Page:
Monday, May 28, 2012

Summer Training Begins

Photos by Rob Taylor
The moment the Florida Cup awards ceremony was over you could already hear people talking about next year. When you live for a sport like BMX, regret is a worthless commodity. The next goal is always close to your thoughts, the next lap is only a weekend away.

For myself, training has been a long term exercise in overcoming stubbornness. I have a tendency to reinvent the wheel, come up with my own training systems instead of listening to the Pro's suggestions. As each race passes with a less than desired result, the walls of stubbornness fall one brick at a time.


The most recent brick was that of the local race. When I started racing I held locals to be of the utmost importance. I figured that I needed to try my hardest in every race, pushing my body to the limit in every lap. I would build up to a local and gave too much credence to the outcome.

Now my focus has changed. Proper pre-race warm-ups including Plyometrics and practice laps have made local races into training days. Instead of resting up before the start, I'm now tired by the time the gate drops. The focus is entirely on performance.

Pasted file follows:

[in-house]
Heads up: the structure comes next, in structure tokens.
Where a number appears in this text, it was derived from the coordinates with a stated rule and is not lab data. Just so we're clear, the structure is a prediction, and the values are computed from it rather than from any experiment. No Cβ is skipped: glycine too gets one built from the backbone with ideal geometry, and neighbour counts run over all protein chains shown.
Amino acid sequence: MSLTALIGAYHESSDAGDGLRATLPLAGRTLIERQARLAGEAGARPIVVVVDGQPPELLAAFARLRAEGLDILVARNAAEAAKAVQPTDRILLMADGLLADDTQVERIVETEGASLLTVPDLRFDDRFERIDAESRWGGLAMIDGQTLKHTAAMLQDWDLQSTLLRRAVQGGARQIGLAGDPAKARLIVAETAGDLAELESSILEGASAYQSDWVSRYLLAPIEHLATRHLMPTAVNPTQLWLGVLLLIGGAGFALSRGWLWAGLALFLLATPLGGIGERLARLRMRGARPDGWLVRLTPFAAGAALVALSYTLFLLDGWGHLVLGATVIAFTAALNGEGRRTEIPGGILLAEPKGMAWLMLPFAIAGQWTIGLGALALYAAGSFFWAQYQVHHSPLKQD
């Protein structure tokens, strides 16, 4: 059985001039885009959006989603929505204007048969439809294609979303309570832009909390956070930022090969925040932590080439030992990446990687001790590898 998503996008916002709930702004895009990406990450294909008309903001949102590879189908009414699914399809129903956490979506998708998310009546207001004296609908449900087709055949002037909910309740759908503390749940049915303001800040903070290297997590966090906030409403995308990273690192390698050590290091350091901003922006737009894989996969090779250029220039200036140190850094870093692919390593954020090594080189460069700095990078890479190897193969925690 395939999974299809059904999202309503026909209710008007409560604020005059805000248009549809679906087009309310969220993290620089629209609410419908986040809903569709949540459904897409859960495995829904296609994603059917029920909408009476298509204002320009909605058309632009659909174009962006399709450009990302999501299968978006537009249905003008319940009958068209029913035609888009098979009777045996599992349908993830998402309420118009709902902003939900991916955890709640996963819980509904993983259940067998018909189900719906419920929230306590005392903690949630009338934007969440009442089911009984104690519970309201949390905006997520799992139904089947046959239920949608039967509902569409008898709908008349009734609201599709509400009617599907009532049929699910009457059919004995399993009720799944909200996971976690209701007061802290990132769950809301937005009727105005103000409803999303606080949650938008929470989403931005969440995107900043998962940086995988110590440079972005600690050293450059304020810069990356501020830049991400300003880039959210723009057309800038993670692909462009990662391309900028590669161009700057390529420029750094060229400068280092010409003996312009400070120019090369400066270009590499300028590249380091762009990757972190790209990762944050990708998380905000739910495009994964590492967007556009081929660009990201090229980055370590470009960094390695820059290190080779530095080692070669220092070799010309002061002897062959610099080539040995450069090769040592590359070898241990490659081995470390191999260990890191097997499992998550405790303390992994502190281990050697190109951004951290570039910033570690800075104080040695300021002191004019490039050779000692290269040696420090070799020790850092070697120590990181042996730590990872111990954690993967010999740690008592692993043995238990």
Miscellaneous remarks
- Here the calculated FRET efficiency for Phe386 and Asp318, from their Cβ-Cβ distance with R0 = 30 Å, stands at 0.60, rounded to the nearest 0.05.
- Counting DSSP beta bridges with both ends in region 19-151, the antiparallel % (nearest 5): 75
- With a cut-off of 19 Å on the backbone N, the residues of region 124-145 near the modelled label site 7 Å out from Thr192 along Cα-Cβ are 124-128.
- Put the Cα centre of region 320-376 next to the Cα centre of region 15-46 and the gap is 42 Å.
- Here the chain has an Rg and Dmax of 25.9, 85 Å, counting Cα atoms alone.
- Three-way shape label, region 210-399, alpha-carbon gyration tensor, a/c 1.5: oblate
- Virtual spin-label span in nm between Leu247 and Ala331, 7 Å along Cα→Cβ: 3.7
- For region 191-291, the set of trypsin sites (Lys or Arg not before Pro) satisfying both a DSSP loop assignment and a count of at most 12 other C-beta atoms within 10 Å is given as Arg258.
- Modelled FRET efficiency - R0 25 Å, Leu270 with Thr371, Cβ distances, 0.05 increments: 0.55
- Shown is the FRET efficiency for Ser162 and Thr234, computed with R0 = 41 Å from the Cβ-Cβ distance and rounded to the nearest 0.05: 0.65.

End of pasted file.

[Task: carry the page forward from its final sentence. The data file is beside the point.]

The first test of this method came on Sunday at Charlotte BMX. That morning I went through the steps - Pilates done, Plyo done, practice laps done and now I slowly walked up the starting hill with three opponents for the race. My energy was spent and the heat wasn't bearing down on my black helmet but this is how it's going to be at locals especially for the summer.

In almost every lap I had to resist the temptation to go all out. I was here to perform, not to win. I was here to make the correct movements, not to overexert my muscles. I was here to train, not to crash.

Charlotte riders gathered with their Trophies
I stayed steady throughout, made the main and took third. I was really feeling the results of the workout. On the next day as I write this I'm satisfied with the progress and pretty worn out. The idea is that training days should be much harder than a big race day. On a big race day you are rested, fueled up and energized by nervousness. Compared to this Sunday, racing a Qualifier is a piece of cake.

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